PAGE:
Paul says that those who are in Christ Jesus have no condemnation. What does he mean? Who are they that are in Christ Jesus? How is it they have no condemnation? John Wesley explains in his sermon, “The First Fruits of the Spirit.”
There is an ancient debate in the religious community that pits the law against God’s grace. Which is more important? Is the law still important given Christ’s sacrifice? John Wesley tackles these hard questions in this sermon.
We should not blame God for Adam’s sin; instead, we should bless God for using that singular act to lay the framework for the witness of truth and love through the sacrifice of the Son of God.
In re-preaching John Wesley’s sermon, one is able to see that becoming justified to God is the foundation of our hope. Truly no person can be at peace or have joy if they are not reconciled to God.
Let’s Face the Music and Dance: The doctrine of the trinity would tell us that God is dancing cheek to cheek to cheek, much like Irving Berlin, Ginger Rogers, and Fred Astaire.
Pentecost is Christ’s way of calling us out. It’s Christ’s way of putting us on notice. Leave your shut and locked doors, in which you hide in times of fear and uncertainty, and let the power of the Spirit lead you.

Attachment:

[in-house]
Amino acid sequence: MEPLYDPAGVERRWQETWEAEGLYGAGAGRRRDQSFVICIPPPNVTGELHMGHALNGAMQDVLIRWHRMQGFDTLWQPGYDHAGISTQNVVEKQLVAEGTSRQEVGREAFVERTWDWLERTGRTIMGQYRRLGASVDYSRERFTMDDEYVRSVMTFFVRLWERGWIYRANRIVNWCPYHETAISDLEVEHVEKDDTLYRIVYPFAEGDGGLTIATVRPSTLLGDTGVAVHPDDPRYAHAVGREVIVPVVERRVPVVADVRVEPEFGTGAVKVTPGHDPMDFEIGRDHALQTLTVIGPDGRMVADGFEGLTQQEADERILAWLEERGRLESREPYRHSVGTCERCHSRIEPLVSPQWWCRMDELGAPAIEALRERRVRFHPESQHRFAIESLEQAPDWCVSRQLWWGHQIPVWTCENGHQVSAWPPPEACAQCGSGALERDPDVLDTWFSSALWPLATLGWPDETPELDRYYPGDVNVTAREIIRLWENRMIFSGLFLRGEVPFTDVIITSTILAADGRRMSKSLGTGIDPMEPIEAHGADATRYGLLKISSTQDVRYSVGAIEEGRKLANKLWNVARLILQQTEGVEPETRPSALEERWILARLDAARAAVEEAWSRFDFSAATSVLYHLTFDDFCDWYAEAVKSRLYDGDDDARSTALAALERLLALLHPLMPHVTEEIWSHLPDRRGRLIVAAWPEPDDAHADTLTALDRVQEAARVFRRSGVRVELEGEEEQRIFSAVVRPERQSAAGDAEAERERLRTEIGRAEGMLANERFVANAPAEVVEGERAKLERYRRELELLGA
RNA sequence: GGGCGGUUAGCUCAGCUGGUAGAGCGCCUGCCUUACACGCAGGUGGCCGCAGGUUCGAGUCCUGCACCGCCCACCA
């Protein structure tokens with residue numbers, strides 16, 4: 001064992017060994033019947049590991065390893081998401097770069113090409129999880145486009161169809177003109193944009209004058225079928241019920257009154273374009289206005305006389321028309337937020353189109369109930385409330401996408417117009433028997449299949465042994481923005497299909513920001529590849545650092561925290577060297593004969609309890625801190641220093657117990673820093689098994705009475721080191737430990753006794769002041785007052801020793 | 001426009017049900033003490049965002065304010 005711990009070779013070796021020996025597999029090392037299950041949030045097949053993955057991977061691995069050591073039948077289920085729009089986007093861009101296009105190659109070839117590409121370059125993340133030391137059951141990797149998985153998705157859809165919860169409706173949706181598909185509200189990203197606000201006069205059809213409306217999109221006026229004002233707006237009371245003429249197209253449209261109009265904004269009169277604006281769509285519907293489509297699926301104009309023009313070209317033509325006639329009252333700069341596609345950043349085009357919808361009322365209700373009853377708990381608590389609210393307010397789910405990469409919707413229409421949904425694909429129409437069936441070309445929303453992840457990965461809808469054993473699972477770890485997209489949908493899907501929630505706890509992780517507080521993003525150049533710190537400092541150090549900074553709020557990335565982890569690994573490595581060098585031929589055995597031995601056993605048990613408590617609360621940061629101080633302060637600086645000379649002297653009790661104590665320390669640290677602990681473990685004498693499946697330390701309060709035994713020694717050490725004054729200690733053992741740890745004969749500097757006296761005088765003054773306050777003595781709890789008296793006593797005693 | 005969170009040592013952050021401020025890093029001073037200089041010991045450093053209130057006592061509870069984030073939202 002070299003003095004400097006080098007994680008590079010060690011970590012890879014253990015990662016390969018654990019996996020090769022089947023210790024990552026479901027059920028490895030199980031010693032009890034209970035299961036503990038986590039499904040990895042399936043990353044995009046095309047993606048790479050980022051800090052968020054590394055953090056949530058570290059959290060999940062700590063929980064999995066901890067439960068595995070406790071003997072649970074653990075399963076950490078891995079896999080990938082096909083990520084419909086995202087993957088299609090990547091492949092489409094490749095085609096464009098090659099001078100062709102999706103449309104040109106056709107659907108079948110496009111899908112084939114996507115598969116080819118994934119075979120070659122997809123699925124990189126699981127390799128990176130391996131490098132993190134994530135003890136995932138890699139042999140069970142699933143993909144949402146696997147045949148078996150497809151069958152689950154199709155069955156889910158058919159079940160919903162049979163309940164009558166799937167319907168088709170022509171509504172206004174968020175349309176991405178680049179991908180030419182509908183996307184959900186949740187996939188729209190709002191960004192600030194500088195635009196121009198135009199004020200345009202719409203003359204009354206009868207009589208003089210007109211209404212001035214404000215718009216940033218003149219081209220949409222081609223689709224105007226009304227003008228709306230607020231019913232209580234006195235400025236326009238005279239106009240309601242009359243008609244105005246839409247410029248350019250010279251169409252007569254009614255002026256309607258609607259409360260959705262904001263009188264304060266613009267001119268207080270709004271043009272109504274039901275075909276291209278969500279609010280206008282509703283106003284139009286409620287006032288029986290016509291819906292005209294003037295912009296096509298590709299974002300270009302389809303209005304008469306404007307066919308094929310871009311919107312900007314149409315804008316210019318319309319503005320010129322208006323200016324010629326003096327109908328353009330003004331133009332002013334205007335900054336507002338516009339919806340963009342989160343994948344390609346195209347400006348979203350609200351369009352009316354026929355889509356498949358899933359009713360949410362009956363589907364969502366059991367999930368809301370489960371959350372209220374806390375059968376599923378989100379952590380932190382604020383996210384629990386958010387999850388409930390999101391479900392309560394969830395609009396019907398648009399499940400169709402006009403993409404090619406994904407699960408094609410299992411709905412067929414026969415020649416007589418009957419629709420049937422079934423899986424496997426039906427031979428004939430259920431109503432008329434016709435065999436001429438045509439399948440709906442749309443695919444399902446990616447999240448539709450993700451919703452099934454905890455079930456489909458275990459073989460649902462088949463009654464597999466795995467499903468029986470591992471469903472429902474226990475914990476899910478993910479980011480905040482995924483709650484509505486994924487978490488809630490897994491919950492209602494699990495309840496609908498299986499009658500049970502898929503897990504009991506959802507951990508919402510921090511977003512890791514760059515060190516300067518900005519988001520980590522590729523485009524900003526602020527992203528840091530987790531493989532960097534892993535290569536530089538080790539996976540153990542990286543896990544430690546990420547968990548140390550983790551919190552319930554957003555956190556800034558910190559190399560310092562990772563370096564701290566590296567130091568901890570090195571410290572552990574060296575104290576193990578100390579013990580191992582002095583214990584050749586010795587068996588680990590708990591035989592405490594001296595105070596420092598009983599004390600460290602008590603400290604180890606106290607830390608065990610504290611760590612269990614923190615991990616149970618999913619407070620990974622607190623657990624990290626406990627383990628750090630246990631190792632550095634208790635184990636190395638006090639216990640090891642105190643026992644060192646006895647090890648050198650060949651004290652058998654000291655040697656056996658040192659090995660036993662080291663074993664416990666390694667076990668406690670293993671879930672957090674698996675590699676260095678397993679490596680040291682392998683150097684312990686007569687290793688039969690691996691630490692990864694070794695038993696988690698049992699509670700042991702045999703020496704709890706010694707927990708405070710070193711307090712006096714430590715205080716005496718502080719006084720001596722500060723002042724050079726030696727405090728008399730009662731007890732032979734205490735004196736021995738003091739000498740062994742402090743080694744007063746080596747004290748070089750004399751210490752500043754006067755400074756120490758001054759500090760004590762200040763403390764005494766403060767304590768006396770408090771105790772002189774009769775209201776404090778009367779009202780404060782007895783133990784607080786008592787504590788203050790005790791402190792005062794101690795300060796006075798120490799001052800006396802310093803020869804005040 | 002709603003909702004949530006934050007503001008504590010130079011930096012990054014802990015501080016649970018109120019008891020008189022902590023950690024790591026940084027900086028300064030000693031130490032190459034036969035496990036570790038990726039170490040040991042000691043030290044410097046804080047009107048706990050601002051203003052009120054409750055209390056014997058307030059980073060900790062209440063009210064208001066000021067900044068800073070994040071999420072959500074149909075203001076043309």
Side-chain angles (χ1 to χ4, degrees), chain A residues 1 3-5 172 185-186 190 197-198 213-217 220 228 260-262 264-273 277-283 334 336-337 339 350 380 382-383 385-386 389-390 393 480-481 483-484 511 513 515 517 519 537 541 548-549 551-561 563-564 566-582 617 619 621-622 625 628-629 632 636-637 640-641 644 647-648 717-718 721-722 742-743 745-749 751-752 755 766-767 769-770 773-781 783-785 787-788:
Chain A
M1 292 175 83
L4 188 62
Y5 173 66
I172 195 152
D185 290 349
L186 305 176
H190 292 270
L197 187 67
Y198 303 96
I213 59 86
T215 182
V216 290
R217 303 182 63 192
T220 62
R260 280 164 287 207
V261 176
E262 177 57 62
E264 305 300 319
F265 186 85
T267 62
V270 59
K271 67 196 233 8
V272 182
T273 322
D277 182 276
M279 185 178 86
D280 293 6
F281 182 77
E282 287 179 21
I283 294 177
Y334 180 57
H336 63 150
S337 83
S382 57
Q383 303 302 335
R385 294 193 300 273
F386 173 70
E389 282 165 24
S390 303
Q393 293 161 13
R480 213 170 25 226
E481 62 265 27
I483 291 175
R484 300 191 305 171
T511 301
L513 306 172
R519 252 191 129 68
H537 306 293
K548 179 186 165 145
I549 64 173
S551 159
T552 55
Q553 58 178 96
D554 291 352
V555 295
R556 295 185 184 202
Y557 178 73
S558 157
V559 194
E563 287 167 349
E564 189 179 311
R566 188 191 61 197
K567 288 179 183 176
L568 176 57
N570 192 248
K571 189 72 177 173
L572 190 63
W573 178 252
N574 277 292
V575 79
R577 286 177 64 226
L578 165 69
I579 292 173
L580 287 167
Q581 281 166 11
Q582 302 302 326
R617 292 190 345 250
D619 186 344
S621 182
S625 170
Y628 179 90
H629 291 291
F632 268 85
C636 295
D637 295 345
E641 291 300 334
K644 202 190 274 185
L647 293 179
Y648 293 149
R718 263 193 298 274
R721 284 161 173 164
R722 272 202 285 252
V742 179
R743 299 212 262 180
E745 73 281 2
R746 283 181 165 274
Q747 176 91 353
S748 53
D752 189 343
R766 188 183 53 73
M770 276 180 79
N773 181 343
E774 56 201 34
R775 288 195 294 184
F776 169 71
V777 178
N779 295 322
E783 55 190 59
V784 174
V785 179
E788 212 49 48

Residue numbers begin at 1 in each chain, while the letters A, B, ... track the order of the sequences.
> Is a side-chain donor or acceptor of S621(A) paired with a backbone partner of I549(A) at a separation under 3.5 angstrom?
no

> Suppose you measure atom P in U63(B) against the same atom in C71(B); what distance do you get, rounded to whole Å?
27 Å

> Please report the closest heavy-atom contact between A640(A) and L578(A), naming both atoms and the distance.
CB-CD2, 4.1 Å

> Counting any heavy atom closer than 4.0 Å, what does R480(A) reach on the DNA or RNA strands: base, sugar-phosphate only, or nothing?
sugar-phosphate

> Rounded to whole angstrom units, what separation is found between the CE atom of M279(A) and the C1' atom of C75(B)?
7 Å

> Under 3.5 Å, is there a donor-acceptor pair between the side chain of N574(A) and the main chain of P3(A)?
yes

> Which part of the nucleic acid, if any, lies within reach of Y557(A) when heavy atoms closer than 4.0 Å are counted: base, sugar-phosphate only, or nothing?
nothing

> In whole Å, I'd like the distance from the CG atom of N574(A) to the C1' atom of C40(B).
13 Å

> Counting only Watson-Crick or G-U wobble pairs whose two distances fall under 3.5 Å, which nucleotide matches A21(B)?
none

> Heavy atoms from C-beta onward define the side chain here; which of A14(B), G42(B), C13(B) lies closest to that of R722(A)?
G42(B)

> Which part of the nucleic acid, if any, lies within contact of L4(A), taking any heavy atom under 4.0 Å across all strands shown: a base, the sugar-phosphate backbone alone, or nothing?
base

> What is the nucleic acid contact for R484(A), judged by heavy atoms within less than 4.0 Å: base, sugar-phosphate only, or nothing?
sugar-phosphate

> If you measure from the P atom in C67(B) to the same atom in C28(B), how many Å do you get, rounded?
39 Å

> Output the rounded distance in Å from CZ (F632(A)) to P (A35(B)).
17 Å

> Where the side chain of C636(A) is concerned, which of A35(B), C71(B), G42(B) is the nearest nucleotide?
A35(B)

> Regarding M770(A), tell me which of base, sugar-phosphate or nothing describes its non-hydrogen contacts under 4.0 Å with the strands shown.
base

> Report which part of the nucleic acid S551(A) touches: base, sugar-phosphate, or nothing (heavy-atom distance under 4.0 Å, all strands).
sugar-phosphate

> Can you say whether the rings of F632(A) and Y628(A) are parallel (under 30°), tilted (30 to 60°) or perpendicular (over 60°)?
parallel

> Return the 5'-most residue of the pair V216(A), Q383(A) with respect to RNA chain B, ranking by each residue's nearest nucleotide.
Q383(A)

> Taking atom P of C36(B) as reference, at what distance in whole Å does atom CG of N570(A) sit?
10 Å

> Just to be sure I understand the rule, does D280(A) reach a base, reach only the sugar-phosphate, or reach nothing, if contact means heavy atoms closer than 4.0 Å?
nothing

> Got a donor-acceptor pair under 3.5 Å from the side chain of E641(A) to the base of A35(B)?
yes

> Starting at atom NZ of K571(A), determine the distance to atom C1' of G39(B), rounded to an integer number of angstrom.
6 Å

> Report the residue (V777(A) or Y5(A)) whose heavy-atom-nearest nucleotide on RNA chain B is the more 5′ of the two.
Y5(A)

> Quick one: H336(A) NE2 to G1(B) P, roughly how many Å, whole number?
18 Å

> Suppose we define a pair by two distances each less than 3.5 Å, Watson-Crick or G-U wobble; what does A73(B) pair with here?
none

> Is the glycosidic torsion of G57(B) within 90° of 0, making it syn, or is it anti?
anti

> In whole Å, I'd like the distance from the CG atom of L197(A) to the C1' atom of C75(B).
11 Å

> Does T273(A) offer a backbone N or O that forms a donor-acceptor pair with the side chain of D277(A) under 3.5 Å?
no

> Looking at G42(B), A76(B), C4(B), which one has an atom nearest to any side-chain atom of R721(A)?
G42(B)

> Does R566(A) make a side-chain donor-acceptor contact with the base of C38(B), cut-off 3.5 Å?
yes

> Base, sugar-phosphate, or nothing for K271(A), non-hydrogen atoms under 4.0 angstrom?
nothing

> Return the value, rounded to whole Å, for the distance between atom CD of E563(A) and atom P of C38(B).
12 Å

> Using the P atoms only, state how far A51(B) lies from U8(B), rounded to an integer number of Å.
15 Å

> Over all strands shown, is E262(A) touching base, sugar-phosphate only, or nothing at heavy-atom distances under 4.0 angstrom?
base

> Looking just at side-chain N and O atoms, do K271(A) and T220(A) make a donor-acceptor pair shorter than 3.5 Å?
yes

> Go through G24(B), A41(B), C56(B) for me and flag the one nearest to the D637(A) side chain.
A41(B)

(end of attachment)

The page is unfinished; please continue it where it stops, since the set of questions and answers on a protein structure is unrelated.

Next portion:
The disciples are given a purpose, they are given a mission, but Christ tells them to wait, for they do not yet have the power from on high. Sometimes waiting is a necessary thing.
Love the Sinner, Hate the Sin is, in short, not only absent from the Biblical word, it’s antithetical to faithful living according to the teachings of Scripture, and it should be expunged from our vocabulary.
Saying to another, God won’t give you more than you can handle seeks to write off each person as an individual who must bear such hardships on their own. There is no Biblical foundation to this.
Can we stop saying, “God helps those who help themselves”? At surface level it’s not sufficient, and at the theological core it’s a lie. God is in the business of, and calls us to join in, helping those who cannot help themselves.